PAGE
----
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Atlanta Residents Push Back Against City’s Shelter Plan

Dozens of residents showed up to a meeting at the Pittman Park Recreation Center about a proposed homeless shelter.
Dozens of residents showed up to a meeting at the Pittman Park Recreation Center about a proposed homeless shelter.
Credit Stephannie Stokes / WABE

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Southwest Atlanta residents aren’t happy with a plan to put a homeless shelter in one of their neighborhoods.

 

The city said it’s considering turning a vacant building it owns at 836 Metropolitan Parkway into a temporary facility for homeless families. It would house no more than 75 people and be run through a public-private partnership.

At a meeting Tuesday, dozens of residents from the neighborhood, which is Pittsburgh, told the city, “Not here.”

Tacita Williams, whose home is near the proposed site, said the area is already struggling enough.

“This is ridiculous. What do you mean you’re putting a shelter here,” Williams said. “We have our own homeless population. We have our own issue of abandoned houses.”

She and others said Pittsburgh needs development that will attract investment, not deter it.

 

In the meeting, residents said they would rather see the city’s property turned into a community kitchen or a small business incubator. The Andrew P. Stewart Center, which provides after school programs, also said it was interested in buying the building.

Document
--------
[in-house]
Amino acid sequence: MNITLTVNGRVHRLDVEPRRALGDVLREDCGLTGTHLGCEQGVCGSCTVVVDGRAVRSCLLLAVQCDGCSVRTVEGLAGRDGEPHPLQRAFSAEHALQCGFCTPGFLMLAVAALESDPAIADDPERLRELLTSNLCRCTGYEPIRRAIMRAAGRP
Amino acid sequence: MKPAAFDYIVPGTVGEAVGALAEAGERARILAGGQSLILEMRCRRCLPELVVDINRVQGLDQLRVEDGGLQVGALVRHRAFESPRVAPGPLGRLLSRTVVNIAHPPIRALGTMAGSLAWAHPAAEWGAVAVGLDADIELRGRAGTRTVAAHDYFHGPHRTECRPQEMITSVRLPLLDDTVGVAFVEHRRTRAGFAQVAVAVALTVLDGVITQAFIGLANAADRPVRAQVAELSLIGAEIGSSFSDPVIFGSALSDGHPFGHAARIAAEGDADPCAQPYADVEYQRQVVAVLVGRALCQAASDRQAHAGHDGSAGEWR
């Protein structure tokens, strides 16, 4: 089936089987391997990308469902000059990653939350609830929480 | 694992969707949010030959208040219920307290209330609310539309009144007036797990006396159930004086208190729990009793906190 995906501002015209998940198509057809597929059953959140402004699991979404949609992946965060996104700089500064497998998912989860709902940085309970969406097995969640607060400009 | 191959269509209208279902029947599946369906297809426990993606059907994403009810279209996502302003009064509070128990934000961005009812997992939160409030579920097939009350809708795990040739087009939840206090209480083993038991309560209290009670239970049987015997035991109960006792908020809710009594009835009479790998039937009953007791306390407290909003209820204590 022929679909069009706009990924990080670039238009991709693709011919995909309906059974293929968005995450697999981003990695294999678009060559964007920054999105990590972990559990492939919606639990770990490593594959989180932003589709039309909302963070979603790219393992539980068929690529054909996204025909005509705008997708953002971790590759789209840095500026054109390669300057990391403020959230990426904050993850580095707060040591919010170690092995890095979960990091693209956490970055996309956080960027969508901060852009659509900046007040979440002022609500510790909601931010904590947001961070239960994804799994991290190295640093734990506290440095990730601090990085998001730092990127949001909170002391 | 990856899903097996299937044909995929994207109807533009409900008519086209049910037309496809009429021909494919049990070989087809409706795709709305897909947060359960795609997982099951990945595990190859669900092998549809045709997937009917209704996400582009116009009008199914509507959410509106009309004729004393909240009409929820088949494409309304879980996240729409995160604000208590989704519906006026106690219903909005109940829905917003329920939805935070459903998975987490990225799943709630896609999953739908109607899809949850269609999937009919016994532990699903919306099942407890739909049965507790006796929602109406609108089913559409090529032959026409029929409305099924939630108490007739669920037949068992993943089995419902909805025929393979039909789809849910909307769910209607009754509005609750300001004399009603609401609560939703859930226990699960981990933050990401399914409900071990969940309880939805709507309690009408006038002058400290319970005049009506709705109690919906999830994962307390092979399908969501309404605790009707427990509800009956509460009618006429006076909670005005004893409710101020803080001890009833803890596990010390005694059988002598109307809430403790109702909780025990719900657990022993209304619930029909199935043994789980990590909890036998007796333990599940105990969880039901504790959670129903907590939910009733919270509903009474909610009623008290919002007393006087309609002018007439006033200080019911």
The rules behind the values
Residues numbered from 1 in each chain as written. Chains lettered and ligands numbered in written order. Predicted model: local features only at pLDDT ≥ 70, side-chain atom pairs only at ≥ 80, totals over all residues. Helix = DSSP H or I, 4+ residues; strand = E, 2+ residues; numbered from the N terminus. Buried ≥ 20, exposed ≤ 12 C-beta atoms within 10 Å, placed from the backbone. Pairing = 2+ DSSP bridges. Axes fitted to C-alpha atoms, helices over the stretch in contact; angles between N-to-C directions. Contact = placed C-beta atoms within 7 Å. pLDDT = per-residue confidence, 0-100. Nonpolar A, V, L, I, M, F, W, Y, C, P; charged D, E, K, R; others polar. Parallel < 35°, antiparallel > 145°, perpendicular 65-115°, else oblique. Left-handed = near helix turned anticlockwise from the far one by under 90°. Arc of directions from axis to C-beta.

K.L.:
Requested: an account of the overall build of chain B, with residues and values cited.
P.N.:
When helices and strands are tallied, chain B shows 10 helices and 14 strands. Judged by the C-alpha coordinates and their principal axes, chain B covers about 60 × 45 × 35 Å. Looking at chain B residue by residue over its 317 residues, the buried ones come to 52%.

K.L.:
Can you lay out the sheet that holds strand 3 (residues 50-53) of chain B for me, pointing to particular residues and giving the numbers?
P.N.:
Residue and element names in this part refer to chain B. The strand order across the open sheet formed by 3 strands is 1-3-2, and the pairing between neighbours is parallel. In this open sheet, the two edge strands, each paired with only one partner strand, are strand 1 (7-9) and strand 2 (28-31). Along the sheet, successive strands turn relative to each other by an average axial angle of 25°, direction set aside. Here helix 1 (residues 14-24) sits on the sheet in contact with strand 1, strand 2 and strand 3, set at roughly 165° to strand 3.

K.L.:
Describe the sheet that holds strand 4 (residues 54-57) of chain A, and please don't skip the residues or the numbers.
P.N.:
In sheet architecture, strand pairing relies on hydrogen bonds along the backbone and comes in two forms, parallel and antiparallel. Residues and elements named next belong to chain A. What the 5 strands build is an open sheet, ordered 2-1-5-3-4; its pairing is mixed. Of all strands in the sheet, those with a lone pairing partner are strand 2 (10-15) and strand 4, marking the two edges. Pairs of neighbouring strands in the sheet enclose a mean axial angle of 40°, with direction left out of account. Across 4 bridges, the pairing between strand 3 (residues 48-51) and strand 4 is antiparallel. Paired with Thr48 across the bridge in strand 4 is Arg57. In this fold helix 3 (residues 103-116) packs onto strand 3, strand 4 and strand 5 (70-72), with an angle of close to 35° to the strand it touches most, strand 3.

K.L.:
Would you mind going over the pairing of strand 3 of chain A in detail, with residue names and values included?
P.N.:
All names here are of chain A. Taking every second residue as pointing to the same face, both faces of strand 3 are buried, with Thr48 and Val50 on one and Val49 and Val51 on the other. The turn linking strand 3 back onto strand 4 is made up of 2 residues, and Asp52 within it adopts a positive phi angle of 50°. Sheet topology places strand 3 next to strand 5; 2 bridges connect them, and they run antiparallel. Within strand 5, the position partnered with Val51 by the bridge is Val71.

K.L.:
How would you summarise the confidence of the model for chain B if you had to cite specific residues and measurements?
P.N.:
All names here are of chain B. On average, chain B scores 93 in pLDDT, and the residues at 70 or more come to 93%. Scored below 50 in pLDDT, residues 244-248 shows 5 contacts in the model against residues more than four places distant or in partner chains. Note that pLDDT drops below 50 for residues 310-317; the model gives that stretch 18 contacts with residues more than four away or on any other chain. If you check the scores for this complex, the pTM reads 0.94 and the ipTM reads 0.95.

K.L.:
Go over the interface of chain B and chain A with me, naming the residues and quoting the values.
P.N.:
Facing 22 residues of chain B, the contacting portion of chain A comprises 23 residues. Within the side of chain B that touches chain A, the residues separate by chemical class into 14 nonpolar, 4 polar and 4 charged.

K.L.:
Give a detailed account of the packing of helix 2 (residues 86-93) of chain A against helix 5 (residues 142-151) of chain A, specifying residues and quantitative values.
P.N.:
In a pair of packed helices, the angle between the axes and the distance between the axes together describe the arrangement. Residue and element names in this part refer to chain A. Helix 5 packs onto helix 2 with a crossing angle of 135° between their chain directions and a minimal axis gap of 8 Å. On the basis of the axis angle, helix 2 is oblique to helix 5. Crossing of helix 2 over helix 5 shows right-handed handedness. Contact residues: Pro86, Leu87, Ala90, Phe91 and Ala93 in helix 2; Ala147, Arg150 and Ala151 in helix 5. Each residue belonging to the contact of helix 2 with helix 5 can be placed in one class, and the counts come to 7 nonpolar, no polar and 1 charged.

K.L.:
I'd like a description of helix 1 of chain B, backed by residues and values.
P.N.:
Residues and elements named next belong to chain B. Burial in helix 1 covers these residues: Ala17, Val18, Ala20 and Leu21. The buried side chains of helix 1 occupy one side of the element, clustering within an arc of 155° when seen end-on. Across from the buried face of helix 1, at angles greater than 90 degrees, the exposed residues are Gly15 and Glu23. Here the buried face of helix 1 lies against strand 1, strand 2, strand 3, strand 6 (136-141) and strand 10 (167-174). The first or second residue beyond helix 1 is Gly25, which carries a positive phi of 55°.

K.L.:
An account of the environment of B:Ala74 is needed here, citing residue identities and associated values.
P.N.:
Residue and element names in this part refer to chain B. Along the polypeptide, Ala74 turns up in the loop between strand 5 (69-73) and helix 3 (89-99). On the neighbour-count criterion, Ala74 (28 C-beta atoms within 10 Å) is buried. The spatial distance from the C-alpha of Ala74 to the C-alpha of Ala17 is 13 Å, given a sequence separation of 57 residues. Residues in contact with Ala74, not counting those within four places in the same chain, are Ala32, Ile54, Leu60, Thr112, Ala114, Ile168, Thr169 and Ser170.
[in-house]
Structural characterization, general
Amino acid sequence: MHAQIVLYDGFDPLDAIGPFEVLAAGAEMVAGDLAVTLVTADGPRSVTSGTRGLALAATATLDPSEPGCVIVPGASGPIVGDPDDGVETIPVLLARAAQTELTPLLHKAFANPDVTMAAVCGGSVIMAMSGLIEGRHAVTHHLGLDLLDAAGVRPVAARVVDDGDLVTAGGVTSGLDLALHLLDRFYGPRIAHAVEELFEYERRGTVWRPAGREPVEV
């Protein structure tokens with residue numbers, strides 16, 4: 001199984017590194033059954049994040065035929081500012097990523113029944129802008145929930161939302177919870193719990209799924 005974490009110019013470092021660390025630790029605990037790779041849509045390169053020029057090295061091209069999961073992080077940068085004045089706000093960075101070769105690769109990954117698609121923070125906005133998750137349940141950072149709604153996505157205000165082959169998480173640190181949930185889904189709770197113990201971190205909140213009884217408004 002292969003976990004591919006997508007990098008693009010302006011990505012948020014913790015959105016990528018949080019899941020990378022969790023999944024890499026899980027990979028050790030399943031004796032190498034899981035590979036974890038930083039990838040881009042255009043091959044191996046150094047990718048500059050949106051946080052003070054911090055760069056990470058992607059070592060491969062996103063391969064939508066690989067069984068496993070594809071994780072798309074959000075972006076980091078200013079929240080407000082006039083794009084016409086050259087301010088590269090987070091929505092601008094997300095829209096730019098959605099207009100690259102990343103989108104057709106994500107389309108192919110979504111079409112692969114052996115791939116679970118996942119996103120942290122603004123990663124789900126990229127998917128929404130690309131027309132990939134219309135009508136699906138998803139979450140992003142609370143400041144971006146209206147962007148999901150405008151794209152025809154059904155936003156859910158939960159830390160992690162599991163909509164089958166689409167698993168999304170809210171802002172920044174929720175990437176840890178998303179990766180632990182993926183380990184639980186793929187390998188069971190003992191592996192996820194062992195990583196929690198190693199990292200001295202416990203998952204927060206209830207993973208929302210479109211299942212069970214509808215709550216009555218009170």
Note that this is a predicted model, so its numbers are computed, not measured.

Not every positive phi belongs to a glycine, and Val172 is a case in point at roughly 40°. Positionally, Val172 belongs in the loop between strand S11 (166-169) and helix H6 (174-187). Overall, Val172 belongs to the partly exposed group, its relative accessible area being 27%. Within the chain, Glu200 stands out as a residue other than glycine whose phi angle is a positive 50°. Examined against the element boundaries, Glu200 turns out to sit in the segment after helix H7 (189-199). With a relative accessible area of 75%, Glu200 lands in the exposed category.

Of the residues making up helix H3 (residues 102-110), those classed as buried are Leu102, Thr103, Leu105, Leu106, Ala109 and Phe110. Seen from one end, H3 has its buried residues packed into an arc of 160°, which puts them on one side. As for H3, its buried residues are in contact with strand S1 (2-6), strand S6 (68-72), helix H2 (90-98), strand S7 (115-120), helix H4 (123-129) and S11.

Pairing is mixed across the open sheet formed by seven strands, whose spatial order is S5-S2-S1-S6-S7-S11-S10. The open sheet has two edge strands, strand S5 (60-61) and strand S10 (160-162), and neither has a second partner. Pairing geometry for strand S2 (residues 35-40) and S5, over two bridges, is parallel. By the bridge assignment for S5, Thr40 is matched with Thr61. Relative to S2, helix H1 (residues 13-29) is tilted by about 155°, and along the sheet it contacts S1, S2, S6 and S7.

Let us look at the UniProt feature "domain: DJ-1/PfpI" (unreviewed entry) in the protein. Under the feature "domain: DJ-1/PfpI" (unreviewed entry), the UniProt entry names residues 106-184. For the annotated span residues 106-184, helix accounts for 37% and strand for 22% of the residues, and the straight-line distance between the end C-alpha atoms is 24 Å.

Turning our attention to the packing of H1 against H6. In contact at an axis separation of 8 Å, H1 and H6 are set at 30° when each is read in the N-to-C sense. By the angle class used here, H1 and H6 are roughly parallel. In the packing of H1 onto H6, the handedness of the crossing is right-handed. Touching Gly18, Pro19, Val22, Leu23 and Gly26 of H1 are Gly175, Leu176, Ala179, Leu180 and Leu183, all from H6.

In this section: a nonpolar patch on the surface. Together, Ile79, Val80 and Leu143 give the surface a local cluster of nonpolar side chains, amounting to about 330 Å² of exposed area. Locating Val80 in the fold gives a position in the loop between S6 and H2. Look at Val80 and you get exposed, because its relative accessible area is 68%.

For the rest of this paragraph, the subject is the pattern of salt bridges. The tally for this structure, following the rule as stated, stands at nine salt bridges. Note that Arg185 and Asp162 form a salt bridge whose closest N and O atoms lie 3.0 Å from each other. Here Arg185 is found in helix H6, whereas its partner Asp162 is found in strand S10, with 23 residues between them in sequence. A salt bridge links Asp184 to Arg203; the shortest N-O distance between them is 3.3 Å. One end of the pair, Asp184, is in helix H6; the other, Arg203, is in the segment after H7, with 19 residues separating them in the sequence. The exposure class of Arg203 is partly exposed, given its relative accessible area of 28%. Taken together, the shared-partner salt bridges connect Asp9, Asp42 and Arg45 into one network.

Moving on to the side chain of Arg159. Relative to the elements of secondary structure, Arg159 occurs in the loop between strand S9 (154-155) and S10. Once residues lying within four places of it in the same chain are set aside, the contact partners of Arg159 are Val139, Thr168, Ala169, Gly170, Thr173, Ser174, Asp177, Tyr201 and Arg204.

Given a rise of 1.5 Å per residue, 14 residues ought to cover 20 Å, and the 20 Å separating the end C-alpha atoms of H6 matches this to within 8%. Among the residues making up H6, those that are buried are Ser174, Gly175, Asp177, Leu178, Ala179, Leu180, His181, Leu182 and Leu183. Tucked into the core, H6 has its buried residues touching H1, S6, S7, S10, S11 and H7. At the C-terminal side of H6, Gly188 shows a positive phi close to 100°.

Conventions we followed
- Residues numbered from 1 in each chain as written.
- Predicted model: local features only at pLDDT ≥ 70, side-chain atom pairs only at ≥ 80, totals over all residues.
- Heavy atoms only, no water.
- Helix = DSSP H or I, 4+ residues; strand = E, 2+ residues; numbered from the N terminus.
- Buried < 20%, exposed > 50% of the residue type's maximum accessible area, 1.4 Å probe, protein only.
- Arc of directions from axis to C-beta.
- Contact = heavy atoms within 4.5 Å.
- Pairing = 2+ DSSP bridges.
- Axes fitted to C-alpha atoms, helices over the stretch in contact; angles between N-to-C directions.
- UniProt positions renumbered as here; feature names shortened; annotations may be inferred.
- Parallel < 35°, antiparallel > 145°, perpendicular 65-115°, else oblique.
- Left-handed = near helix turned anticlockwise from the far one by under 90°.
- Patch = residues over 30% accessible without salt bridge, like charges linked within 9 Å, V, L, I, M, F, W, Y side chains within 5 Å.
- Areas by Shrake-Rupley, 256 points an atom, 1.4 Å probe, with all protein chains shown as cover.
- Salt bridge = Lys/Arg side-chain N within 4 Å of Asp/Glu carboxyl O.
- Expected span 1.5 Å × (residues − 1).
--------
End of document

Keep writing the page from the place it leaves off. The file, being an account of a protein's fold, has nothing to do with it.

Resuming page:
Some residents at the meeting pointed out that news of this shelter came as the mayor expressed interest in shutting down Peachtree and Pine, a large Midtown shelter.

But city officials said repeatedly that the Pittsburgh project was unrelated.

The city also pointed to a similar public-private shelter project in Dallas, which officials said was an economic boon to the surrounding area.

Katrina Parks Taylor with the mayor’s office said the Pittsburgh plans were still conceptual, and it would continue talks with residents about the property.

“We are coming back to regroup and discuss everybody’s options and what people would like to see,” Taylor told the residents.

 

The neighborhood’s Councilwoman Joyce Sheperd, who facilitated the meeting, also said she plans to schedule another meeting about 836 Metropolitan in the near future.